While we start to learn how and practice decision-making
skills as a child, the process of good decision-making
becomes more important during adolescence and young
adulthood. The decisions made as individuals get older may
impact the rest of their lifetime. The consequences of bad
decisions can adversely change the course of their life, or of
their family’s lives.
importance of a
decision by the term of
If the consequences of
your decision are long-
term, then spend more
time on the process
and follow each step of
regarding a teen
Psychologist Jean Piaget, 1896-1980,
divided cognitive thinking skills that
include decision-making and
problem-solving into 4 stages:
1. Sensorimotor – In this stage, infants and
toddlers make decisions based on past
experience and their senses (How does it
taste, feel, look, sound, and smell? Did it
work the last time work, or not?)
2. Preoperational – In this stage,
preschoolers make decisions based on
how it will affect them. They cannot
imagine things they have not
experienced. They cannot see another
person’s point of view.
3. Concrete Operational – The
school-age child is now capable of
logic. They are capable of thinking
from different perspectives, but are
limited by a lack of experience.
Decisions are still based on what
they have previously observed and
4. Formal Operational – The middle
and high school child moves toward
a more abstract type of thinking.
This person does not have to
experience something in order to
understand it… they can imagine it.
This type of thinking continues to
develop into adulthood.
5. Post-formal thinking – adult
thinking, is logical like formal
operational thinking, but is
more personal, integrative
and practical, incorporating
the individual's life
experiences and commitment
to the responsibilities of
career & family. The logical
decision is not always the
best decision, when career or
family is considered
Many psychologists added a 5th level of
thinking, that develops during adulthood. The
individual’s life experiences influence this level
To make good decisions, you must use good judgment.
That means you must understanding the possible
consequences of your choice. It is a parent’s job to use
their judgment until you have proven that you have good
judgment. You have to LEARN good decision-making skills.
This scenario creates a
natural “struggle” between
parent and child. The
child struggles to make
while the parent must
exercise control while the
child matures and as long
as they are liable for the
consequences of the
A value is a STRONG BELIEF.
EXTRINSIC or external values are
things we consider worthwhile or
give direction to our life.
Examples might include: Good
health, popularity, good health,
friends, family, religion, money or
the things money can buy.
INTRINSIC, internal, or core values
are personal qualities that we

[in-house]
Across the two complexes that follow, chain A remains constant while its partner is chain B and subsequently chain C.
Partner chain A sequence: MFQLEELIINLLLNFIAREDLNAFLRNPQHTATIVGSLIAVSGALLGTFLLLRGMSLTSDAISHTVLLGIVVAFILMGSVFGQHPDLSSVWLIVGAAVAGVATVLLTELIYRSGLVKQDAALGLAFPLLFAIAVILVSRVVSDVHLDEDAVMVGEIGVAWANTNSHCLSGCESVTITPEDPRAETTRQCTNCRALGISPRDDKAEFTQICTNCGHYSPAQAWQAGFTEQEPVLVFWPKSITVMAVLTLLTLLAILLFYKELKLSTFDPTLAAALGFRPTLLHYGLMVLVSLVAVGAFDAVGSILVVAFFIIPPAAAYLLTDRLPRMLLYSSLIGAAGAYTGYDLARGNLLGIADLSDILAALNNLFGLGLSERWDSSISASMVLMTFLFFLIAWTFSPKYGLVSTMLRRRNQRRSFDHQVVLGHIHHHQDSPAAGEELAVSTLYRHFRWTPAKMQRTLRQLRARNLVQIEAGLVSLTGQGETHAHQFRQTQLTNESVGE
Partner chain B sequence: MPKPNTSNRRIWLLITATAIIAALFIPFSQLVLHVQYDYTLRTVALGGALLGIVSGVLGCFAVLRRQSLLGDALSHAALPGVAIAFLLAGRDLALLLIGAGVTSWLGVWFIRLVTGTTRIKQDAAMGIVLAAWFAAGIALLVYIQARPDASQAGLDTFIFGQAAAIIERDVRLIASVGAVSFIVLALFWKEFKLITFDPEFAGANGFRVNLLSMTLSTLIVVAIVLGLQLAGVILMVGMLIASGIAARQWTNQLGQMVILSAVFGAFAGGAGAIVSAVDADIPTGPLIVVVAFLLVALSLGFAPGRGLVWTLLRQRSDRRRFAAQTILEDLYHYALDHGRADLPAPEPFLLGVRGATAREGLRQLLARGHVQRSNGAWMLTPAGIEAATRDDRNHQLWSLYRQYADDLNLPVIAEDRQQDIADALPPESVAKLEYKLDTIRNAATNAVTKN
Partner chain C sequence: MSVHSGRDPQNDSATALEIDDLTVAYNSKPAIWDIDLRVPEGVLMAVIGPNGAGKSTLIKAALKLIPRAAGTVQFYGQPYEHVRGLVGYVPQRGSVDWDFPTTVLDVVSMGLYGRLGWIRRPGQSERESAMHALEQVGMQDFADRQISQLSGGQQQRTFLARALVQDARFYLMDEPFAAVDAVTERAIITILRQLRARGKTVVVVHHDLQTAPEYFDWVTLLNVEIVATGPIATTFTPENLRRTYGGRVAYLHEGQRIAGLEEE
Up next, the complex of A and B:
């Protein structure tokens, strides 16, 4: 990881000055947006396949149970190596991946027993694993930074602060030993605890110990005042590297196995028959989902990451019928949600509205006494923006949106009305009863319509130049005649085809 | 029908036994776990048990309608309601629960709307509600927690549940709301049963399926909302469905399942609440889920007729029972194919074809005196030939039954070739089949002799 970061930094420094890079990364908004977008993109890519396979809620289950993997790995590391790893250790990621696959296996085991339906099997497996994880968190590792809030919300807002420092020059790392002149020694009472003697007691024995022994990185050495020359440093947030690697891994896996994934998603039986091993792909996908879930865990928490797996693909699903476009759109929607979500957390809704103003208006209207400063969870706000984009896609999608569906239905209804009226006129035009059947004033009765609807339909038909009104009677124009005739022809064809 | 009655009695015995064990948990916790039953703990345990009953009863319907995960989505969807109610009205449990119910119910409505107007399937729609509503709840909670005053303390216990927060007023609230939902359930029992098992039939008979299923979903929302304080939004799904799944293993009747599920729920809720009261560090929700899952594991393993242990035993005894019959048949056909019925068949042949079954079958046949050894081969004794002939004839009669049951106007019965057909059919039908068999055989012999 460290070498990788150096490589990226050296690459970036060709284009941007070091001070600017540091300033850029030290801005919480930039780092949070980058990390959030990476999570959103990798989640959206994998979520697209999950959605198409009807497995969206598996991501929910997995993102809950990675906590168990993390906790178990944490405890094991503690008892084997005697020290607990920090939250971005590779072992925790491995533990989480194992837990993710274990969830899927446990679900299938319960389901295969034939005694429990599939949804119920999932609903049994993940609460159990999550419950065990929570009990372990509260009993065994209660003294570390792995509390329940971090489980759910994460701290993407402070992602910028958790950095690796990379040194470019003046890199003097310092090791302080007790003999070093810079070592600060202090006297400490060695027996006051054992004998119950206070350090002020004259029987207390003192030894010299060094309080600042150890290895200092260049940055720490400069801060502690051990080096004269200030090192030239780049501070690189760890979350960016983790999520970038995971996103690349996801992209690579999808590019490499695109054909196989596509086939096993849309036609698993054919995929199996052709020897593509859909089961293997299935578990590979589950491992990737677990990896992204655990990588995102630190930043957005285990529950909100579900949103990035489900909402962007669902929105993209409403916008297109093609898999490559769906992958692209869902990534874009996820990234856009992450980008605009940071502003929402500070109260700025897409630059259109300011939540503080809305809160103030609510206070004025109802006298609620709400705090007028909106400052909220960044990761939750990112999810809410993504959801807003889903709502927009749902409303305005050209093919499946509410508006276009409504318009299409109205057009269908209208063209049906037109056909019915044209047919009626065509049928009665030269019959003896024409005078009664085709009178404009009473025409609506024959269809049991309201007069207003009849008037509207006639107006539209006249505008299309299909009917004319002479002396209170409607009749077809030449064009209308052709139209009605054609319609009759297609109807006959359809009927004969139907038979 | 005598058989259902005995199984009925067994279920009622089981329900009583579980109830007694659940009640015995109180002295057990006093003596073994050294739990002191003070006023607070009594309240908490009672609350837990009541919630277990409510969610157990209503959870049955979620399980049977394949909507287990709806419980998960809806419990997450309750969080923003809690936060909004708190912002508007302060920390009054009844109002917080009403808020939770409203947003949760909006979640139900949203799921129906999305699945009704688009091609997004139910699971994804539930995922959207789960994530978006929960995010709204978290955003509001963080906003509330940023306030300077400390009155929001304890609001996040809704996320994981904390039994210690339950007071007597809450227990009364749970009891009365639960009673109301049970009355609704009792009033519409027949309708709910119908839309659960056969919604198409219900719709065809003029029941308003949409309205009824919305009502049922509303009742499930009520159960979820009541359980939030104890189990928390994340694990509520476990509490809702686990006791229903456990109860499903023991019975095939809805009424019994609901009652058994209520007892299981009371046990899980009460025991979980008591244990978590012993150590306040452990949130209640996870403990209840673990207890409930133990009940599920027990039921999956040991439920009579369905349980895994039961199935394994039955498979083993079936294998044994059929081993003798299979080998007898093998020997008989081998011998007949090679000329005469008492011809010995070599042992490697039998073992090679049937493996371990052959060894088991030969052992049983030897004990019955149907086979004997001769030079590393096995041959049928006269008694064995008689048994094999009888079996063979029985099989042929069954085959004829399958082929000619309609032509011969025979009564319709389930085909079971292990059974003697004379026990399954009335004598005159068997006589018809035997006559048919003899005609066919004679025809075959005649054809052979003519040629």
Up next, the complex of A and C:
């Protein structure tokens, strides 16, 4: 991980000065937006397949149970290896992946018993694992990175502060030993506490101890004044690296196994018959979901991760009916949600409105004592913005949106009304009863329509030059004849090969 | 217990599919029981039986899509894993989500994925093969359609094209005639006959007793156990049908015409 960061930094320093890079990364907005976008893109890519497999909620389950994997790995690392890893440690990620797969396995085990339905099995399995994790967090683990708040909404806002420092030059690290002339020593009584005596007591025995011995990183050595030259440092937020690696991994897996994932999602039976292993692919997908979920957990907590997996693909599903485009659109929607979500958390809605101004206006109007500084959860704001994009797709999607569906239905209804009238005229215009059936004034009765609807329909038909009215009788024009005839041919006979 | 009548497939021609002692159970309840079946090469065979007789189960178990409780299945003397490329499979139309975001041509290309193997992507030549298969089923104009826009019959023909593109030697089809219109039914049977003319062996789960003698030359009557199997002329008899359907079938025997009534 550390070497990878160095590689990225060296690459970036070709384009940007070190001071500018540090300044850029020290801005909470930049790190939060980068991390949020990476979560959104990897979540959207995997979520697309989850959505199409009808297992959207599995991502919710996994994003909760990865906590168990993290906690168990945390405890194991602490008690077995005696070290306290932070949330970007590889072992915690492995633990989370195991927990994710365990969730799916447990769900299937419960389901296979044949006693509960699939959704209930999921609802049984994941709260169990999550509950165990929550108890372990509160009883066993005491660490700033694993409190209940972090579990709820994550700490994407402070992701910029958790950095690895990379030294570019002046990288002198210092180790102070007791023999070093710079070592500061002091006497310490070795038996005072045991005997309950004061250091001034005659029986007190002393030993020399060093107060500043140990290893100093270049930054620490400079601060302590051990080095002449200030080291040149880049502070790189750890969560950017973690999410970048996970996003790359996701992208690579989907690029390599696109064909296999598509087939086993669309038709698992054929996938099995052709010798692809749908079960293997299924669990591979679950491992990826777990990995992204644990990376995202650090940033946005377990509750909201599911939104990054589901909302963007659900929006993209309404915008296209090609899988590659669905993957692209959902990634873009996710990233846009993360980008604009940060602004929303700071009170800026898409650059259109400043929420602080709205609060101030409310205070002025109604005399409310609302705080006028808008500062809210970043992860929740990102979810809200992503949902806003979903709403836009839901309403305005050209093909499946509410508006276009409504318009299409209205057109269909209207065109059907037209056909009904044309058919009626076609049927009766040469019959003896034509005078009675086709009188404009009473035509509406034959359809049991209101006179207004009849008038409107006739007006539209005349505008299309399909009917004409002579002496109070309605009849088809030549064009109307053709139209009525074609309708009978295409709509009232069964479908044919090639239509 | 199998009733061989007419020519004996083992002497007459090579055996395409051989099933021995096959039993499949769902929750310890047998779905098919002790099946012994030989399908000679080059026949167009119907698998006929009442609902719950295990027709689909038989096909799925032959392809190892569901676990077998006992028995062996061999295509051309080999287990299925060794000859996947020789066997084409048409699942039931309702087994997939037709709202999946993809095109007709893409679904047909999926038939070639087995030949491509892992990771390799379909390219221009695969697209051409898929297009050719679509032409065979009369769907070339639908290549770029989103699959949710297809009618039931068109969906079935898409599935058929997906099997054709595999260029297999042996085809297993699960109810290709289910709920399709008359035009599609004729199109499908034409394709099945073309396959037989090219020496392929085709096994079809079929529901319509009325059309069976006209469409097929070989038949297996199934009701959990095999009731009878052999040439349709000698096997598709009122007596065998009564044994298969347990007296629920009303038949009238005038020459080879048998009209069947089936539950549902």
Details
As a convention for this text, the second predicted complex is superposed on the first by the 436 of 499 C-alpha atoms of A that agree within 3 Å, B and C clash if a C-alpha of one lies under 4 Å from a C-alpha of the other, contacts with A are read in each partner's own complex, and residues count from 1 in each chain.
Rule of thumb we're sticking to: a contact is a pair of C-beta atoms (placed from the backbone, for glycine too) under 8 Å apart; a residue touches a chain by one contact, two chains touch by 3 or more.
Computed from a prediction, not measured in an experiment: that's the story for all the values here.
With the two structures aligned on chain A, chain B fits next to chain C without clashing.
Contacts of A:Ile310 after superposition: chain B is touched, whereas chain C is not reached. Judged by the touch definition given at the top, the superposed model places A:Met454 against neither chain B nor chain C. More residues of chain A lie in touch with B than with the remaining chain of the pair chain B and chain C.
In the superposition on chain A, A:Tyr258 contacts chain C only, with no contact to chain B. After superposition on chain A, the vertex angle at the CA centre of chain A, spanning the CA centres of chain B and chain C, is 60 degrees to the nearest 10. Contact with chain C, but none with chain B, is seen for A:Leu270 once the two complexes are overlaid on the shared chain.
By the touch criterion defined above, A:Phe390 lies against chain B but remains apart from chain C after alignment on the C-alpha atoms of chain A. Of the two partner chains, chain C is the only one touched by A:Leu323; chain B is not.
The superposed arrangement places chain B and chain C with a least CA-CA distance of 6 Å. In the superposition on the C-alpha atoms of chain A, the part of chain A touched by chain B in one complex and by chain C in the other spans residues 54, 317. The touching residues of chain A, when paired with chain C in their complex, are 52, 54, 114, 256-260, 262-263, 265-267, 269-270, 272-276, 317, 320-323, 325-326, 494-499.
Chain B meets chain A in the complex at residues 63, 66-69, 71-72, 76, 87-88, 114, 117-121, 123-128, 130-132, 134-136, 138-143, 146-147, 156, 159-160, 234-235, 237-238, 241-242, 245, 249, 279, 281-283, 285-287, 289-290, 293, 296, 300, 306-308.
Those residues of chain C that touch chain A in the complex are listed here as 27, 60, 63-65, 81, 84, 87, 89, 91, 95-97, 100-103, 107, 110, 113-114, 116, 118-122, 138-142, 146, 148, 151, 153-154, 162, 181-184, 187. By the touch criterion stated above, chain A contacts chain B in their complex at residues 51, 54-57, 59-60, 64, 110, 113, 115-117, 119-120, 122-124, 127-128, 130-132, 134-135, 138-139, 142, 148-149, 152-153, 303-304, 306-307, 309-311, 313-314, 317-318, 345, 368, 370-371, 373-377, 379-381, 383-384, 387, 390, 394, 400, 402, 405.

We learn values, usually from our parents.
Sometimes our values are influenced by friends,
teachers, coaches, advisors, religious leaders,
grandparents, siblings, etc.
A goal is some point you
want to reach within your
There are 2 types of goals:
1. long term goals; they make take
months or years to achieve
2. short term goals; they may be
accomplished in hours or days
If your value is
education, can you
name a short term
goal? …or a long
If your value is
good health, can
you name a short
term goal? …or a
long term goal?
There are three categories of resources available to you to use in
reaching your goals:
(available to many people)
What type of resource is?...
Procrastinate means to
“put things off” until
I have a lot to
do, but I think
I’ll wait and do it
in the way of reaching
again? First things
first young man!
List your goals in order of
importance. This gives you a
sense of direction and helps you
manage your resources wisely.
Standards are “limits or
conditions or the manner”
in which you go about
reaching your goals.
When expressing standards verbally,
you tend to use words like…
…as long as …even if
…no matter what
As Abraham Maslow theorized, human
beings have basic needs. Physiological needs
include food, shelter, air, clothing, etc. We need to feel
safe and loved. We need to feel worthwhile. We need to
feel like we’re fulfilling our potential.
Low self-esteem, a negative
self-concept, can cloud your
judgment and lead to poor
decisions. At those times, seek the
advice or assistance of others.
Confidence, however, and a positive self-
concept can be a foundation for good decision-
1. Identify the decision to be made
2. Identify options/choices
3. Research info on each option
4. Make the decision
5. Act on the decision
6. Evaluate the decision
“To identify options” means
to brainstorm all the different
choices you have!
The individual who has not
reached the stage of formal
operational thinking may find it
difficult to identify options that
they haven’t had personal
There are advantages of working in a
group to make decisions, whether that is
a group of 2 or 10. You might be able to
identify more options than you could
have discovered on your own.
The disadvantage of working in a
group to make decisions is that you
may all have different opinions of
what the right option will be.
To “research your options” means
to list the pros and cons of each
choice… the advantages and
disadvantages. You will need to
weigh the good things against the
bad things of each choice!
Sometimes you simply need to
gather more information before
making a decision. Investigate.
Explore. Ask advice.
Again, don’t procrastinate. Once
you’ve narrowed your options down
to the best one, take action.
After you’ve made your decision